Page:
Dog ownership benefits older adults: study
Rebecca Johnson, Ph.D., R.N., F.A.A.N., F.N.A.P., with a canine friend.
Senior living communities should consider incorporating more pet-friendly policies and design elements such as dog-walking trails and dog exercise areas so that their residents may experience the health benefits of owning a dog, according to one of the authors of research recently published by The Gerontologist.
“This study provides evidence for the association between dog walking and physical health using a large, nationally representative sample,” said Rebecca Johnson, Ph.D., R.N., F.A.A.N., F.N.A.P., a professor at the University of Missouri College of Veterinary Medicine and the Millsap Professor of Gerontological Nursing in the Sinclair School of Nursing.
Specifically, researchers determined that older adults who bond with their dogs are more likely to walk them and to spend more time walking them each time than those who reported weaker bonds. And those who walk their dogs have lower body mass index, visit the doctor less, exercise more and experience an increase in social benefits through interacting with dog owners and others. The investigators reached their conclusions by analyzing 2012 data from the Health and Retirement study sponsored by the National Institute on Aging and the Social Security Administration.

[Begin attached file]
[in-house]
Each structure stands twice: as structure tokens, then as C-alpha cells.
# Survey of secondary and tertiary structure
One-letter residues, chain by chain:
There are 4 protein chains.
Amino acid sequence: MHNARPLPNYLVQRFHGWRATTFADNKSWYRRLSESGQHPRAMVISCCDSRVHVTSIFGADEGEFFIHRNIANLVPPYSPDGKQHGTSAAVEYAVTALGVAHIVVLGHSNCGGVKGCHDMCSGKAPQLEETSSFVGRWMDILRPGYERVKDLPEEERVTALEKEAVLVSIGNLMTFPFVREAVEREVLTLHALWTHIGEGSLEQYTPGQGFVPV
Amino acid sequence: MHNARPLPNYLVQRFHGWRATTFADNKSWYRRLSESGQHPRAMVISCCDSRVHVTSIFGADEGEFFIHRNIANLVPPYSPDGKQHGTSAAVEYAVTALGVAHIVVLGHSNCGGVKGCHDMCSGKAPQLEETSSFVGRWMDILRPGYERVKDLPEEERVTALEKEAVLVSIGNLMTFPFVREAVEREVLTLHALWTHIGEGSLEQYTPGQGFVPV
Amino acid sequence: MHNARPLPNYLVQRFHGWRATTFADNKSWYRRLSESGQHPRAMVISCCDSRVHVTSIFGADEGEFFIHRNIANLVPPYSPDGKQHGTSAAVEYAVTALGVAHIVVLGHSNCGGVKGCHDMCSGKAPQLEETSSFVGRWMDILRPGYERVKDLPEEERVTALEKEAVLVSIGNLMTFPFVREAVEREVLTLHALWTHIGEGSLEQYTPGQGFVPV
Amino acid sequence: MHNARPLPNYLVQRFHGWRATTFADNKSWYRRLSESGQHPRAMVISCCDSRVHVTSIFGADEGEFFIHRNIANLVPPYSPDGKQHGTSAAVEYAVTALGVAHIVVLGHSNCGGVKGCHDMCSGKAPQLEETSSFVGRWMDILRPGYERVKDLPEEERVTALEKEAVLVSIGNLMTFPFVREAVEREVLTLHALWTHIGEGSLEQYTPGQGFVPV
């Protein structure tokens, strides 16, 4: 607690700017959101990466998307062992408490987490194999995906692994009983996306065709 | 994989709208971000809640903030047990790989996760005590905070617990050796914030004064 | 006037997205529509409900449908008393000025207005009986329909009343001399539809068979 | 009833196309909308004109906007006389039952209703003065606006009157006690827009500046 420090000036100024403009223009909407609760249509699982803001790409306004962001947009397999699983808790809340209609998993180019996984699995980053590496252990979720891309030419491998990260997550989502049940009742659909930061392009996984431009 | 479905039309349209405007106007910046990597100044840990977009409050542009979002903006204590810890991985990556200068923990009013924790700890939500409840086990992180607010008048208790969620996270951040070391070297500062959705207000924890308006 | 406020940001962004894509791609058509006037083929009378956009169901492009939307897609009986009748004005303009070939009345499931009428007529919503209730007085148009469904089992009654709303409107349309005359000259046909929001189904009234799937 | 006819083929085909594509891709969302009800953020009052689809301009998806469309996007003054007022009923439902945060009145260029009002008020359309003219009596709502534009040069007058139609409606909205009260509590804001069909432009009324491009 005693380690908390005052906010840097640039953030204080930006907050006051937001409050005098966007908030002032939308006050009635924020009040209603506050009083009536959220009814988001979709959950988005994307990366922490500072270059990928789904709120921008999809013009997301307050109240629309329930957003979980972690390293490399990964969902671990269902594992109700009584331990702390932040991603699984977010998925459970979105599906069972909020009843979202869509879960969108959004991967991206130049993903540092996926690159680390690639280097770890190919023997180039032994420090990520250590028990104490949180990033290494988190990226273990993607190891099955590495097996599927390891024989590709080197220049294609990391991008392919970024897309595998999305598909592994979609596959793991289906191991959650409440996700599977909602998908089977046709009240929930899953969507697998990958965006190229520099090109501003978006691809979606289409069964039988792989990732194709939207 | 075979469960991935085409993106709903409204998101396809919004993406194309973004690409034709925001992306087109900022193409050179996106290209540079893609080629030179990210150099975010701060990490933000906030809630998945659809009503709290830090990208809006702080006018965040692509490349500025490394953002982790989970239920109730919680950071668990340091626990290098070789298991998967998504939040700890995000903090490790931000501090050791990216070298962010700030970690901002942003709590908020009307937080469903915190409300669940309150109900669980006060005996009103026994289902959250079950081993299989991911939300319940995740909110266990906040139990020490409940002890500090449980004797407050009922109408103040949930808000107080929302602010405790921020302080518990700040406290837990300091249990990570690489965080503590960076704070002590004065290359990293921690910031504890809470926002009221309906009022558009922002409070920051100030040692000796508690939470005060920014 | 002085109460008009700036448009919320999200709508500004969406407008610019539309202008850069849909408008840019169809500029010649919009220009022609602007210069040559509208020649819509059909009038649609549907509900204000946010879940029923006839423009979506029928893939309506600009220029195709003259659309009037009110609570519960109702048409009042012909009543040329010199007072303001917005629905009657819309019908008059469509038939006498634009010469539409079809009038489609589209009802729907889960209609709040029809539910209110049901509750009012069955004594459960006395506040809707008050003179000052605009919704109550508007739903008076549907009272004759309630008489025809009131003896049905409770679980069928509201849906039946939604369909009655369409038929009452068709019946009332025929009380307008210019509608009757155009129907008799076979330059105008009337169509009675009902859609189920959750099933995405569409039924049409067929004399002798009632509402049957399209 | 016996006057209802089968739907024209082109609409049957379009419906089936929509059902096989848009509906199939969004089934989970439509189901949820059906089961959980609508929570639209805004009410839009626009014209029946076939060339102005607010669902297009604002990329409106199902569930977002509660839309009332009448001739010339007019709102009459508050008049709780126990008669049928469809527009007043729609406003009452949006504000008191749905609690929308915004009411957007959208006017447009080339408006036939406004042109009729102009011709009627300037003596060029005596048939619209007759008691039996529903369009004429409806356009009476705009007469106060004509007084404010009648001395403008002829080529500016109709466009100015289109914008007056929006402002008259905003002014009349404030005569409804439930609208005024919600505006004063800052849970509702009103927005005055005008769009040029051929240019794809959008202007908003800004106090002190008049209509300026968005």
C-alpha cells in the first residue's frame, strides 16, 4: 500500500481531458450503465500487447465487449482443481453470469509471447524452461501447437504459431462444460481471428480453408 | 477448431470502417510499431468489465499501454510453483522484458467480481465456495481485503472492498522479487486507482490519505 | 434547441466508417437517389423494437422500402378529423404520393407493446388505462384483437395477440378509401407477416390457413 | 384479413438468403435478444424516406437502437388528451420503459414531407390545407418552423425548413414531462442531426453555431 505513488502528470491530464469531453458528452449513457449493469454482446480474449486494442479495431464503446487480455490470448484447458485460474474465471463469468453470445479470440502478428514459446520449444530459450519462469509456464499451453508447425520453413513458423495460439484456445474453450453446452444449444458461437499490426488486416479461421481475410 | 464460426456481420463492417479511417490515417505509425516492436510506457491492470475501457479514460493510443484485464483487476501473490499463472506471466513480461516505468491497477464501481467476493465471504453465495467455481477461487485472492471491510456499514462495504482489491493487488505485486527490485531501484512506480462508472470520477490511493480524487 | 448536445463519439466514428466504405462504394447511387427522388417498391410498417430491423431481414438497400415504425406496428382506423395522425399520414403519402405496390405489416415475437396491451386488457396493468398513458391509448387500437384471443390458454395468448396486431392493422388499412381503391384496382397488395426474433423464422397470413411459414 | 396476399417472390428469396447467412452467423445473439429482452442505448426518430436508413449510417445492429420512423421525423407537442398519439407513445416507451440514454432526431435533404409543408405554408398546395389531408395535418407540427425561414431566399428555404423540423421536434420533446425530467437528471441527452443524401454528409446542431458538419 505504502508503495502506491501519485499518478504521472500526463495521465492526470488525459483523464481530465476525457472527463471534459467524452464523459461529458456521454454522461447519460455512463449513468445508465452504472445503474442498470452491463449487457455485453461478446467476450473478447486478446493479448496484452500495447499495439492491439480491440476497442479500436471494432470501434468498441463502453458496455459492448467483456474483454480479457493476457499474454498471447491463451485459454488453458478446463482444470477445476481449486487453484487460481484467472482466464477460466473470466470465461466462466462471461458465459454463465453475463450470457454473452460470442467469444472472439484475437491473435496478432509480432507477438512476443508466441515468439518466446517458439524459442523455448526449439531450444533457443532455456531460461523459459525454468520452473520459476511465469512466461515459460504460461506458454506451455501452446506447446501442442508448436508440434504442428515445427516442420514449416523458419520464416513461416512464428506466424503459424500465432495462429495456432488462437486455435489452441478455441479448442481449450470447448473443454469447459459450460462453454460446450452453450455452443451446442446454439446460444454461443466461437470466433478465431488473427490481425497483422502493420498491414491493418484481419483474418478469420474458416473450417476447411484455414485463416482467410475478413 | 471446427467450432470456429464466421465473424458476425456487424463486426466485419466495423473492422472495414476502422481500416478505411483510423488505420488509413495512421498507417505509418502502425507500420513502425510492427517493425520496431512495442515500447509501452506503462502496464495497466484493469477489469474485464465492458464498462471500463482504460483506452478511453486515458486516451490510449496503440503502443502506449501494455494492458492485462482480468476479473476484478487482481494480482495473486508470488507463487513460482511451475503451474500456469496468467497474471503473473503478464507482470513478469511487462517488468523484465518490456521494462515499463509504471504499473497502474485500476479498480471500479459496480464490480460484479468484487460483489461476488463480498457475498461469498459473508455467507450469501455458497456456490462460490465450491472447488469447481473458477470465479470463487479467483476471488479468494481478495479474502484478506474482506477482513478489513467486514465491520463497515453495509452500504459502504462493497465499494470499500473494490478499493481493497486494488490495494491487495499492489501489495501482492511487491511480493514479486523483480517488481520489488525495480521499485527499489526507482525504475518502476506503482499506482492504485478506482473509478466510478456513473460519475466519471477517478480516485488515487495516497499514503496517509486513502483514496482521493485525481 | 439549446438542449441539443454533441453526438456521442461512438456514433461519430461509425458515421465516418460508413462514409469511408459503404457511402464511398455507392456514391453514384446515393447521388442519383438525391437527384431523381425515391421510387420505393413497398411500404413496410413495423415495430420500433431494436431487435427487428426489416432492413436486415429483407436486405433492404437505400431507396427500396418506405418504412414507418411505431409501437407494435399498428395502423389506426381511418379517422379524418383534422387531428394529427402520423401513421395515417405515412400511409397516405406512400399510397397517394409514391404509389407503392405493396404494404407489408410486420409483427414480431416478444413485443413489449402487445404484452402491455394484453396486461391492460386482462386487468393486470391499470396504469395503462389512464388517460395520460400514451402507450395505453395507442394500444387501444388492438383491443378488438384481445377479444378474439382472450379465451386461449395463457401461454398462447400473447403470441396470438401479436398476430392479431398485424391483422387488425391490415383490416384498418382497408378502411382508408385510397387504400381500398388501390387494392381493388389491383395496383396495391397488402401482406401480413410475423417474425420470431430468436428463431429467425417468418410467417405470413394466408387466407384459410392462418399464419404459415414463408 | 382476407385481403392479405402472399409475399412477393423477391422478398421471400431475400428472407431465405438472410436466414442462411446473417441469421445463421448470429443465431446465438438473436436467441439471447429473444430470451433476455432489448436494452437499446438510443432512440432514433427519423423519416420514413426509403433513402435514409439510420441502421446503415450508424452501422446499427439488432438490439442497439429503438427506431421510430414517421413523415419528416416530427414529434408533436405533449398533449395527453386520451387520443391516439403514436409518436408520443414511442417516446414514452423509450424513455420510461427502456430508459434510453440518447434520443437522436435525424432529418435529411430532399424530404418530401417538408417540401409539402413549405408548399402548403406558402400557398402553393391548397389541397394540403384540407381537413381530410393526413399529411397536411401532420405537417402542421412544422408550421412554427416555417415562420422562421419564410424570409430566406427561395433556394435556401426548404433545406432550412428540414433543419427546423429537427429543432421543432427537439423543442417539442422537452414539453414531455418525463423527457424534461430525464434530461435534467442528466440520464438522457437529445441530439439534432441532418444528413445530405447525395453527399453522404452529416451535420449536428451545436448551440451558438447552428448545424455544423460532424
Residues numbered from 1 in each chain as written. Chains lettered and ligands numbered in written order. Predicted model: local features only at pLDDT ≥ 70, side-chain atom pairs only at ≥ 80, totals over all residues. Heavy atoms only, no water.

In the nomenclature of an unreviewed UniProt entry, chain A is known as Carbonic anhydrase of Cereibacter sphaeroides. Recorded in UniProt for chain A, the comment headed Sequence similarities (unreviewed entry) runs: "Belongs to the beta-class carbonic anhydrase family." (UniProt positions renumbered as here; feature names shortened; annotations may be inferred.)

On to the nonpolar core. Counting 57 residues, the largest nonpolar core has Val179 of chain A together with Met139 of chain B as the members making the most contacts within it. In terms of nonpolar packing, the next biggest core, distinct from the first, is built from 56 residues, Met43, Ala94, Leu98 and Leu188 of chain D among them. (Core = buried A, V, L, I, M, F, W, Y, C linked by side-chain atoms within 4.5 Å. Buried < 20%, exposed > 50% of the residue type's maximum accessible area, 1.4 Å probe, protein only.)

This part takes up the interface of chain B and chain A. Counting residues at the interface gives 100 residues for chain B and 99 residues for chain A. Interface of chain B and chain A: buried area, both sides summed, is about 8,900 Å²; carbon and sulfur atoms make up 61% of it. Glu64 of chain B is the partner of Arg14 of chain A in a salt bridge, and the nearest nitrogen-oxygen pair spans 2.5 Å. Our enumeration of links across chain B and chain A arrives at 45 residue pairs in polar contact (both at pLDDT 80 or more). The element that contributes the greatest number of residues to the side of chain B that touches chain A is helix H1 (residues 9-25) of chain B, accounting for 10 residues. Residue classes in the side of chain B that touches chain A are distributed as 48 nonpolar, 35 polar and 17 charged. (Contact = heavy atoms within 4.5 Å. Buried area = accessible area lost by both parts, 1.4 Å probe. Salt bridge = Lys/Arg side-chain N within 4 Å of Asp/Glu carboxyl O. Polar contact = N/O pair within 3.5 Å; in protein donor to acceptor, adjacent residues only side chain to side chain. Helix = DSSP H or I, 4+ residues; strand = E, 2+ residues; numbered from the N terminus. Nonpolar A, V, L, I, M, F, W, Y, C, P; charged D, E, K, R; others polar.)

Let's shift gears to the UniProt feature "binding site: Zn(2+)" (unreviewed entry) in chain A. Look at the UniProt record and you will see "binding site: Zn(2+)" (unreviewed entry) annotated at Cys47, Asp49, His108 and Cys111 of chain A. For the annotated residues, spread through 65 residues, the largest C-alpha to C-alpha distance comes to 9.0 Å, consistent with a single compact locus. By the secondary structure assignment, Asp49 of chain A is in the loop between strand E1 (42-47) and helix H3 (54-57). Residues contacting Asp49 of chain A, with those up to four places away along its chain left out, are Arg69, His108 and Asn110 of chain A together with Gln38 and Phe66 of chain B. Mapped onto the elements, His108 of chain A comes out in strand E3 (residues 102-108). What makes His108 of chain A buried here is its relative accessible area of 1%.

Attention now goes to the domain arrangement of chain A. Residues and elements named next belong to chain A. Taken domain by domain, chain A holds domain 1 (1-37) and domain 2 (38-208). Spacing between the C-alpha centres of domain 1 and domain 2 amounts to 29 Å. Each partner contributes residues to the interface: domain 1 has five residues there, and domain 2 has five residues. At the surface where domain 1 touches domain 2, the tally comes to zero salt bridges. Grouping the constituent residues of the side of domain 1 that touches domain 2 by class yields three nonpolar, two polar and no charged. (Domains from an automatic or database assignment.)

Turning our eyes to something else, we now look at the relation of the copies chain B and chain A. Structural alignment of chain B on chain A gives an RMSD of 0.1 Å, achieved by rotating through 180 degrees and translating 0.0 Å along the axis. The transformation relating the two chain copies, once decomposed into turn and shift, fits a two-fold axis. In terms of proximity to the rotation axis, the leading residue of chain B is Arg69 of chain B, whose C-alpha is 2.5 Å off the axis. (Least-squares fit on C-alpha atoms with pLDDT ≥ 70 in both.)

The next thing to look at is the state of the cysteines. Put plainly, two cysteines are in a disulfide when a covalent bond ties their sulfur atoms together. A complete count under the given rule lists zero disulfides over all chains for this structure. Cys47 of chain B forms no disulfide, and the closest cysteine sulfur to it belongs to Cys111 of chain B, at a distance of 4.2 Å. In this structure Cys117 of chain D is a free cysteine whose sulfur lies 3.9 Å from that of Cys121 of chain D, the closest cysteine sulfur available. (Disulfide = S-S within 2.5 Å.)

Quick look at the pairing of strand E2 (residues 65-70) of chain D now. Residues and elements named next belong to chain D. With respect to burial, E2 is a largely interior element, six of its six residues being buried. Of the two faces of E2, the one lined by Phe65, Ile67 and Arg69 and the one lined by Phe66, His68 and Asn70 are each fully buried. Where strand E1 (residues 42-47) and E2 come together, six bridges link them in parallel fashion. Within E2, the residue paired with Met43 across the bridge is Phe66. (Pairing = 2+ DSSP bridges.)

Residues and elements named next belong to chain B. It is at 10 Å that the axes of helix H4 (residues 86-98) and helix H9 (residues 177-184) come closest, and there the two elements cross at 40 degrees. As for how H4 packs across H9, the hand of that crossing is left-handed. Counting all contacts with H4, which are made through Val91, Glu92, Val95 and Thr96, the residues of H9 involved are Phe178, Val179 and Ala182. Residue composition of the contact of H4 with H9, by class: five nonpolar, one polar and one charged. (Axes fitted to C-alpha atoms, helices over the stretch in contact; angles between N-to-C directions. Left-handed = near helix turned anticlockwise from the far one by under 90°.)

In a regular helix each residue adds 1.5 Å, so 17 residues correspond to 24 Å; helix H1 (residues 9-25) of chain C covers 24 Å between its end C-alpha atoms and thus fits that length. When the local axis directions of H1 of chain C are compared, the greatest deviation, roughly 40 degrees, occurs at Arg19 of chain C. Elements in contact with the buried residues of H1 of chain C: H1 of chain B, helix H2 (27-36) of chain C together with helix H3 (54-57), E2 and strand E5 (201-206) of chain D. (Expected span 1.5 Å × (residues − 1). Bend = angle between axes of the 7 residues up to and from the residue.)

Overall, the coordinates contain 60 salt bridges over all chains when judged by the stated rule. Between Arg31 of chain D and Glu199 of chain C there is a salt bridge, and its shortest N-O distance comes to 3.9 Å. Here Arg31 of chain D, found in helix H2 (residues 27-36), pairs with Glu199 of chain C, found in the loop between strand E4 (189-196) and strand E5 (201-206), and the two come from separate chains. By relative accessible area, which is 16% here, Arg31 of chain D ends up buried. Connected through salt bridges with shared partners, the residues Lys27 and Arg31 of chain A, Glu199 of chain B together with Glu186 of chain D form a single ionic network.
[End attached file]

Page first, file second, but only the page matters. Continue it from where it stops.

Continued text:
“These results can provide the basis for medical professionals to recommend pet ownership for older adults and can be translated into reduced healthcare expenditures for the aging population,” said Johnson, who also directs the university's Research Center for Human-Animal Interaction.